ECB Announcement: The ECB announced that its €30 billion per month bond buying stimulus program will likely be tapered starting after September and concluded at the end of this year. ECB President Mario Draghi also indicated that it is unlikely to raise interest rates prior to the summer of 2019, and will be data dependent on maintaining its target level of inflation. German Bund yields and the Euro currency went lower on the news as the hawkish end of quantitative easing was cancelled out by the dovish policy surrounding interest rates.

Retail Sales: The latest retail sales data released by the US Census Bureau was much better than the .4% consensus estimate, with a .8% month-on-month (MoM) increase for the month of May. The report adjusts for seasonal variations; however, it does not account for higher prices paid. So, while the increase of consumption is welcome for boosting nominal GDP, inflation’s effect on the consumer is daunting as restaurants and clothing store sales indicated solid increases, but were dwarfed by gasoline station sales up 17.7% from the same period in 2017.

Current Model Allocations


In utilizing an approach that seeks to limit volatility, it is important to keep perspective of the activity in multiple asset classes. We seek to achieve superior risk-adjusted returns over a full market cycle to a traditional 60% equities / 40% bonds asset allocation. We do this by implementing global mandates of several tactical managers within different risk buckets. For those investors who are unwilling to stomach anything more than minimal downside risk, our goal is to provide a satisfying return over a full market cycle compared to the Barclays Aggregate Bond Index. At Horter Investment Management we realize how confusing the financial markets can be. It is important to keep our clients up to date on what it all means, especially with how it relates to our private wealth managers and their models. We are now in year nine of the most recent bull market, one of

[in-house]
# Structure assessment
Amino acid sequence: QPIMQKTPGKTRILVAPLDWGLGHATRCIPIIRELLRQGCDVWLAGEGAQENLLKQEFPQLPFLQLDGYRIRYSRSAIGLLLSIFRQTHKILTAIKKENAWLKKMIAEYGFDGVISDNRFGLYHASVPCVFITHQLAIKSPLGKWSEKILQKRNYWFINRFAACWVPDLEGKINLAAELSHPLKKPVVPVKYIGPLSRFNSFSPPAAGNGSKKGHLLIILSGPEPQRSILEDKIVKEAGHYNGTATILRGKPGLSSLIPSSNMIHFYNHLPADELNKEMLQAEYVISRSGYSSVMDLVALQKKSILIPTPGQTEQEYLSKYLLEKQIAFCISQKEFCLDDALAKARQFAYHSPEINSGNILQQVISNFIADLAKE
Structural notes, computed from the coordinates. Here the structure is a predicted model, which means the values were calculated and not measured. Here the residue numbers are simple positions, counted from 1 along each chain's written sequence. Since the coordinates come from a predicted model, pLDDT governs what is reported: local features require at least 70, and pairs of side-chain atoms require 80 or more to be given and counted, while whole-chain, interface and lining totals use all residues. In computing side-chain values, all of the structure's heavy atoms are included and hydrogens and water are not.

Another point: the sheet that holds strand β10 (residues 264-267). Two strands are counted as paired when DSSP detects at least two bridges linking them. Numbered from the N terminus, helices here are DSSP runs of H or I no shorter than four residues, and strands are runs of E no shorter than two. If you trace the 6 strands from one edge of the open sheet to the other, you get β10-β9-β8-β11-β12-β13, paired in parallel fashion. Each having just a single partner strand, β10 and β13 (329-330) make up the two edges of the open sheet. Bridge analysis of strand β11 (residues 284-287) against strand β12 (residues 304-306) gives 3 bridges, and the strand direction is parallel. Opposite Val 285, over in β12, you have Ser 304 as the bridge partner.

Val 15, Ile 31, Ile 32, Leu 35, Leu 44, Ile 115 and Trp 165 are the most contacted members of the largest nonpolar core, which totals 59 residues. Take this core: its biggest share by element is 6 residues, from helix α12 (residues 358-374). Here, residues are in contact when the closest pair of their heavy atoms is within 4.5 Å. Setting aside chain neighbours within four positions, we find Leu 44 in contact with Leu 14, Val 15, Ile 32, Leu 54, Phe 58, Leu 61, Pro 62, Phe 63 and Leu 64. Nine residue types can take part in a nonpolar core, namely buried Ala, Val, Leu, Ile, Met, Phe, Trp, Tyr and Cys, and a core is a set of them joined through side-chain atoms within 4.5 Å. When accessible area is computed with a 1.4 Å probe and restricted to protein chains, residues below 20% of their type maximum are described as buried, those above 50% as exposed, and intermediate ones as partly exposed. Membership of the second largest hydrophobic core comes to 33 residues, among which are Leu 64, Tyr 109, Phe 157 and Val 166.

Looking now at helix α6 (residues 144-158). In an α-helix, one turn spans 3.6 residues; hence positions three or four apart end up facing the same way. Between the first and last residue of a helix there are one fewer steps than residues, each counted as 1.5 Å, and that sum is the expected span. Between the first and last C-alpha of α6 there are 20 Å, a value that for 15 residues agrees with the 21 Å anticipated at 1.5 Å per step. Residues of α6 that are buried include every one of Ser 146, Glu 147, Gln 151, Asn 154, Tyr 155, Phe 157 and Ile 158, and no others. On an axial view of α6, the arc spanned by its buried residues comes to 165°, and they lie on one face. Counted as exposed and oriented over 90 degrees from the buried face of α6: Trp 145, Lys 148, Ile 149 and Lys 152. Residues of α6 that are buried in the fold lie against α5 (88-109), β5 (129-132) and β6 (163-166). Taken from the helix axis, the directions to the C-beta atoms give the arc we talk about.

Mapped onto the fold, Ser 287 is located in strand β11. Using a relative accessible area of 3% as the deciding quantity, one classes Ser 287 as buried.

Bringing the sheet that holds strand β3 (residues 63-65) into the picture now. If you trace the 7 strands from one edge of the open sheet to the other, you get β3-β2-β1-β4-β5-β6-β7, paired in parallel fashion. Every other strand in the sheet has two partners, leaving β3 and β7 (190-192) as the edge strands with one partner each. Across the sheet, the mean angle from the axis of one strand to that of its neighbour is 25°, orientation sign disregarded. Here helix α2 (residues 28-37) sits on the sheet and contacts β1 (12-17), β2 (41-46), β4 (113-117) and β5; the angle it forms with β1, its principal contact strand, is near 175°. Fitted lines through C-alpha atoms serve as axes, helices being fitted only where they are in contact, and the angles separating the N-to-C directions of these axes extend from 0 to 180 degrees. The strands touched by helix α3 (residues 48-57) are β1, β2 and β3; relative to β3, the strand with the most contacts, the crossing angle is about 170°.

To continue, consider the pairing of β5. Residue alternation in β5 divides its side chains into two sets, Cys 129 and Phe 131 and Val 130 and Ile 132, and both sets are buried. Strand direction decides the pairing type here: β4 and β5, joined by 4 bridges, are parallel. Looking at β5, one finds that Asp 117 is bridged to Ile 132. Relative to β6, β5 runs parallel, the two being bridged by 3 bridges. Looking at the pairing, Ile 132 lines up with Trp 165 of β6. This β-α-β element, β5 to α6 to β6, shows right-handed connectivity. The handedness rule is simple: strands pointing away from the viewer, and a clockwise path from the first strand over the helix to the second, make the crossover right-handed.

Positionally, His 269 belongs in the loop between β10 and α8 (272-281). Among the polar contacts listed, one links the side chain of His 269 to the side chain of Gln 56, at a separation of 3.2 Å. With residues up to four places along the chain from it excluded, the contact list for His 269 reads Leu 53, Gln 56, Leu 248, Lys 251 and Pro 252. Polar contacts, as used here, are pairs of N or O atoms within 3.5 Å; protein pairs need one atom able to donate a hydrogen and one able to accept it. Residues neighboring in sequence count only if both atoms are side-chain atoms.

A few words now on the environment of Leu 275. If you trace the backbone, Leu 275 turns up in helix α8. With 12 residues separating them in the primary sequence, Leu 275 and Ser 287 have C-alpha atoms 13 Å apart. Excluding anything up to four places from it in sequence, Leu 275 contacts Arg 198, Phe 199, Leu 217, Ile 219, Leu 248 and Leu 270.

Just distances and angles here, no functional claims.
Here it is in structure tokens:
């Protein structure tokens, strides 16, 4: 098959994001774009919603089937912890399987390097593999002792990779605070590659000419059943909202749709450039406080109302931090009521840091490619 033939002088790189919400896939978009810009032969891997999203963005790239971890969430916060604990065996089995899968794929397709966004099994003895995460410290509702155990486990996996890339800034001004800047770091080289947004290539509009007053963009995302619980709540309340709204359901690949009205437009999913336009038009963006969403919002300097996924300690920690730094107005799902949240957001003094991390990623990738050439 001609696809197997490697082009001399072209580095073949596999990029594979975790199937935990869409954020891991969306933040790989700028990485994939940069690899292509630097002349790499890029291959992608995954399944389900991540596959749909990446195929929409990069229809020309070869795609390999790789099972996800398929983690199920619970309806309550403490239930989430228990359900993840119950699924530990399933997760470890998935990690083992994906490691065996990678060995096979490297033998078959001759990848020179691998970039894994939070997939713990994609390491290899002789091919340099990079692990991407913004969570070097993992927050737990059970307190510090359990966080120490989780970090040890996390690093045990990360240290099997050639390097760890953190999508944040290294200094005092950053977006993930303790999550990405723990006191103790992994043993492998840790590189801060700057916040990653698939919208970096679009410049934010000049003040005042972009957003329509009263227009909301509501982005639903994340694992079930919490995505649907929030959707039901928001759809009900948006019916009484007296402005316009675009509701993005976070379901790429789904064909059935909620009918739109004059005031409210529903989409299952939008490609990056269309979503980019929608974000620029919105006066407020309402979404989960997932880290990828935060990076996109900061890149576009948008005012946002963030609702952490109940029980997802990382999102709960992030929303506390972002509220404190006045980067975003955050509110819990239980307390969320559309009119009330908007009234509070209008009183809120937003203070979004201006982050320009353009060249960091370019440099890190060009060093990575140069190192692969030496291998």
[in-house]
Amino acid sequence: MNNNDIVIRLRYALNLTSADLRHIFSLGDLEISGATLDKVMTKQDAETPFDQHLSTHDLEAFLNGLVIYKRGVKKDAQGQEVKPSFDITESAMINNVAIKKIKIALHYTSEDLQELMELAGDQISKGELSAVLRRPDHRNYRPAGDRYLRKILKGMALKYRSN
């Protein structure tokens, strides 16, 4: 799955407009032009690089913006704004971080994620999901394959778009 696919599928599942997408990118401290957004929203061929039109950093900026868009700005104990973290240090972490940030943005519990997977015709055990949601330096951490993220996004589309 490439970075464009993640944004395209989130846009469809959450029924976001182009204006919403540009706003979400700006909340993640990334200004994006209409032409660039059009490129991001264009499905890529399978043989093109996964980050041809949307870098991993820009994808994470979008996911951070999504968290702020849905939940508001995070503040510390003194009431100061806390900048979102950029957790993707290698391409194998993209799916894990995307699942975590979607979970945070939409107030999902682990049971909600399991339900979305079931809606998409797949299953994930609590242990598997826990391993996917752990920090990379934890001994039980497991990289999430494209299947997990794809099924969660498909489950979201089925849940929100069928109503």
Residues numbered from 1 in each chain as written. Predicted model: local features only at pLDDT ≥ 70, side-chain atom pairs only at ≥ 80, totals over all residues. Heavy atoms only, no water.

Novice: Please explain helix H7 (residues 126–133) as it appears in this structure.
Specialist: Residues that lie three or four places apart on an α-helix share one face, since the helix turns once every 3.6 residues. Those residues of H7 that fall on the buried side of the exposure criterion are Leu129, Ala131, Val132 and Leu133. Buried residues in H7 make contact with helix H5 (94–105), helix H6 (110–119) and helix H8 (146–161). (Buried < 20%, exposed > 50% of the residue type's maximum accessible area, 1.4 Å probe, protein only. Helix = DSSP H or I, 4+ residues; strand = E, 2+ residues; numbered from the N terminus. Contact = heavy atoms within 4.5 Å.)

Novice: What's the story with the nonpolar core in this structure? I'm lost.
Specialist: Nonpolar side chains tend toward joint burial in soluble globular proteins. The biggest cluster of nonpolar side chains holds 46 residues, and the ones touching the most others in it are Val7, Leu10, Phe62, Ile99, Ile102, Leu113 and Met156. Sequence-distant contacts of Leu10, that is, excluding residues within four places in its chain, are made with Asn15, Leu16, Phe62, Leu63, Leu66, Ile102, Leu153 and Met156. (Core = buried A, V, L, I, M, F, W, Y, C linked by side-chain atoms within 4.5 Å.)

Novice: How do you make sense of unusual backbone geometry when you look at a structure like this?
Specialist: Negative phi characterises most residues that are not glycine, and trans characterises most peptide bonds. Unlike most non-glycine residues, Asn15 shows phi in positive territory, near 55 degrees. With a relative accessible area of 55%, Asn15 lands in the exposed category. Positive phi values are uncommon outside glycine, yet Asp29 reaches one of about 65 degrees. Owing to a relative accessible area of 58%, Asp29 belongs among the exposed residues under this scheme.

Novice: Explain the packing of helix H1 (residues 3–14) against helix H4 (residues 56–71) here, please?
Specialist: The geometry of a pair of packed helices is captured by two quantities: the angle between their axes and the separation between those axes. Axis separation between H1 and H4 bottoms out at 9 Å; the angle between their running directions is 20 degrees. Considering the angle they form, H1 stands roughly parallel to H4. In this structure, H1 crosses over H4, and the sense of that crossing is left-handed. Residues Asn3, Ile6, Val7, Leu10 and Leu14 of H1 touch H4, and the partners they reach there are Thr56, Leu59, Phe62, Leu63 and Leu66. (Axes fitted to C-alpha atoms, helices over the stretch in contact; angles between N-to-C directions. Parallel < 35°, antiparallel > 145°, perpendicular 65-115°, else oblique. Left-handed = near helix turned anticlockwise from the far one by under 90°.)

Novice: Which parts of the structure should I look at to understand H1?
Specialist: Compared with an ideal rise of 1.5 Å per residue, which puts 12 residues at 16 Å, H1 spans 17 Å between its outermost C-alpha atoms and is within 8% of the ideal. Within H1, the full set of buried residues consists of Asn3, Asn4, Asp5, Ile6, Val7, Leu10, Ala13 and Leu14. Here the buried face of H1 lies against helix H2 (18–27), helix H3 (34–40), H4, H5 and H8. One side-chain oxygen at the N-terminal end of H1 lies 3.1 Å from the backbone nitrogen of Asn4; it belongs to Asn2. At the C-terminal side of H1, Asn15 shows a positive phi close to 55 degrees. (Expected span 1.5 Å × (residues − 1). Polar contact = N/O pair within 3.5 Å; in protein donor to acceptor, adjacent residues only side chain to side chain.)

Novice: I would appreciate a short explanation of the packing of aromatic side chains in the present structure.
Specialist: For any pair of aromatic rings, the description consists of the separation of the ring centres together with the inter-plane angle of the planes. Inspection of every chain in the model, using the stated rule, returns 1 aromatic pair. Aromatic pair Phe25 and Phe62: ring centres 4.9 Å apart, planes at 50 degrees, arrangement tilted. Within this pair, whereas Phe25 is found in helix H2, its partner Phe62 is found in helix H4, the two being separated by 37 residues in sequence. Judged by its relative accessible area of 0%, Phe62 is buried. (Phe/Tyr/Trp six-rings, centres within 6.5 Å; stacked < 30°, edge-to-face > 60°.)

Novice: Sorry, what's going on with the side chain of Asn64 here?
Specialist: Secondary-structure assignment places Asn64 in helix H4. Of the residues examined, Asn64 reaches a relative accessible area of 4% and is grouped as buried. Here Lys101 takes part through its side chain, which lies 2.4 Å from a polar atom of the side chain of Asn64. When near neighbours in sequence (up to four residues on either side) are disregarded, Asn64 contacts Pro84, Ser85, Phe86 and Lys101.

the longest bull markets in U.S. history. At this late stage of the market cycle, it is extremely common for hedged managers to underperform, as they are seeking to limit risk. While none of us know when a market correction will come, even though the movement and volatility sure are starting to act like a correction, our managers have been hired based on our belief that they can accomplish a satisfying return over a full market cycle, — while limiting risk in comparison to a traditional asset allocation approach. At Horter we continue to monitor all of the markets and how our managers are actively managing their portfolios. We remind you there are opportunities to consider with all of our managers. Hopefully this recent market commentary is helpful and thanks for your continued trust and loyalty.